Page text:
BEIRUT, Lebanon – The May 25 election of Lebanon’s new president and an agreement signed by rival political leaders mark a fresh start for the country, said a Lebanese archbishop.
The agreement signed May 21 in Doha, Qatar, also opens “a relevant gate toward peace and stability in Middle Eastern countries,” Maronite Catholic Archbishop Bechara Rai of Jbeil told Catholic News Service May 24.
“Certainly, it’s a new beginning,” for Lebanon, he said.
The Doha Agreement between the Western-backed government and the Iranian-backed, Hezbollah-led opposition ended an 18-month political crisis that nearly plunged the country into a civil war.
The Doha Agreement called for the election of consensus candidate Michel Suleiman as president, the formation of a national unity government and reform of the electoral law prior to the 2009 parliamentary elections.
Mr. Suleiman’s election “will grant trust and confidence to the people and bring back new hope to the soul of the Lebanese,” said Archbishop Rai. Suleiman, a native of Amchit, a coastal village north of Beirut, is from Archbishop Rai’s diocese.
After being sworn in before lawmakers May 25, Mr. Suleiman, 59, said, “Let us unite … and work toward a solid reconciliation.
“We have paid dearly for our national unity,” he said. “Let us safeguard it hand in hand.”
The former army chief, a Maronite Catholic, pledged to protect the country’s constitution, sovereignty and independence and urged the Lebanese to put their differences aside to bring about a new era.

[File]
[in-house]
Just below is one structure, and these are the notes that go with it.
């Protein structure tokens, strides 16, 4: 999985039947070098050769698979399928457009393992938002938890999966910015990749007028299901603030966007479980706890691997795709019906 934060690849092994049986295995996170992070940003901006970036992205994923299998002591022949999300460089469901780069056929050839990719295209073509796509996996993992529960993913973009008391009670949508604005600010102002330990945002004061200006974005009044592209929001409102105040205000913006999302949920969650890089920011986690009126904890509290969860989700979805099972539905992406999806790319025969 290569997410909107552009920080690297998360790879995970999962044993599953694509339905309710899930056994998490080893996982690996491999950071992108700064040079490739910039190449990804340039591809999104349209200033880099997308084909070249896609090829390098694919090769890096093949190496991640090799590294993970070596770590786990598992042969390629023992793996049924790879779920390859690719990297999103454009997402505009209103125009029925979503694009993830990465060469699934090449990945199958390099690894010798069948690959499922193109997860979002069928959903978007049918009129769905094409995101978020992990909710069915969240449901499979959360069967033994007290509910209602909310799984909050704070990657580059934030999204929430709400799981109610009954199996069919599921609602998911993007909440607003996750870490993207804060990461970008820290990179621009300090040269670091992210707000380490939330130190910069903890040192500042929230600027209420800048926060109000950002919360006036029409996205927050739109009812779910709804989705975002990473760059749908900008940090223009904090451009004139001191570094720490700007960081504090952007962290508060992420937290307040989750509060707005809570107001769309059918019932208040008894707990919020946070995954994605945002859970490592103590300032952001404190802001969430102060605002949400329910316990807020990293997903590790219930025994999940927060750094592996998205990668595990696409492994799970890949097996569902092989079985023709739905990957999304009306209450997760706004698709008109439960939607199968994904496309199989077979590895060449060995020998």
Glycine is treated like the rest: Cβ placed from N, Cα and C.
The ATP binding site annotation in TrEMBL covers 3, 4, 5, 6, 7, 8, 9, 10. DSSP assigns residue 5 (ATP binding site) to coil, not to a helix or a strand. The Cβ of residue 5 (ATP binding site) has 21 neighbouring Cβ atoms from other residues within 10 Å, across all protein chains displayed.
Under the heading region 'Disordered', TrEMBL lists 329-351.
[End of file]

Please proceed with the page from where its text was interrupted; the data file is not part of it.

Under Lebanon’s power-sharing system, the presidency is reserved for a Maronite Catholic. The post had been vacant since November, when Syrian-backed Emile Lahoud stepped down after his term expired. Feuding politicians failed to elect a new president – even though they had agreed on Suleiman as a consensus candidate in December – because they could not agree on the makeup of the new government. Nineteen parliamentary sessions to elect a president were canceled.
Central Beirut’s sprawling “tent city,” erected by the opposition 18 months ago in an effort to topple the government, immediately was dismantled following the announcement of the Doha Agreement. Because of the prolonged sit-in, a popular nearby dining and shopping destination for Lebanese and tourists alike “became like a desert, with no sign of life,” said Gaby Mouzaner, 42, owner of a jewelry shop.
“Now people are flocking to the area, happy and full of nostalgia,” he said.
“I feel that all these leaders finally realized that nothing can be done without dialogue. And as a Christian, I feel that the hand of God was there,” Mr. Mouzaner said.
Many Christians attributed the Doha Agreement to the intercession of St. Rita, known as a patron of impossible cases and one of the most popular saints in Lebanon. The agreement was signed on the eve of her feast day.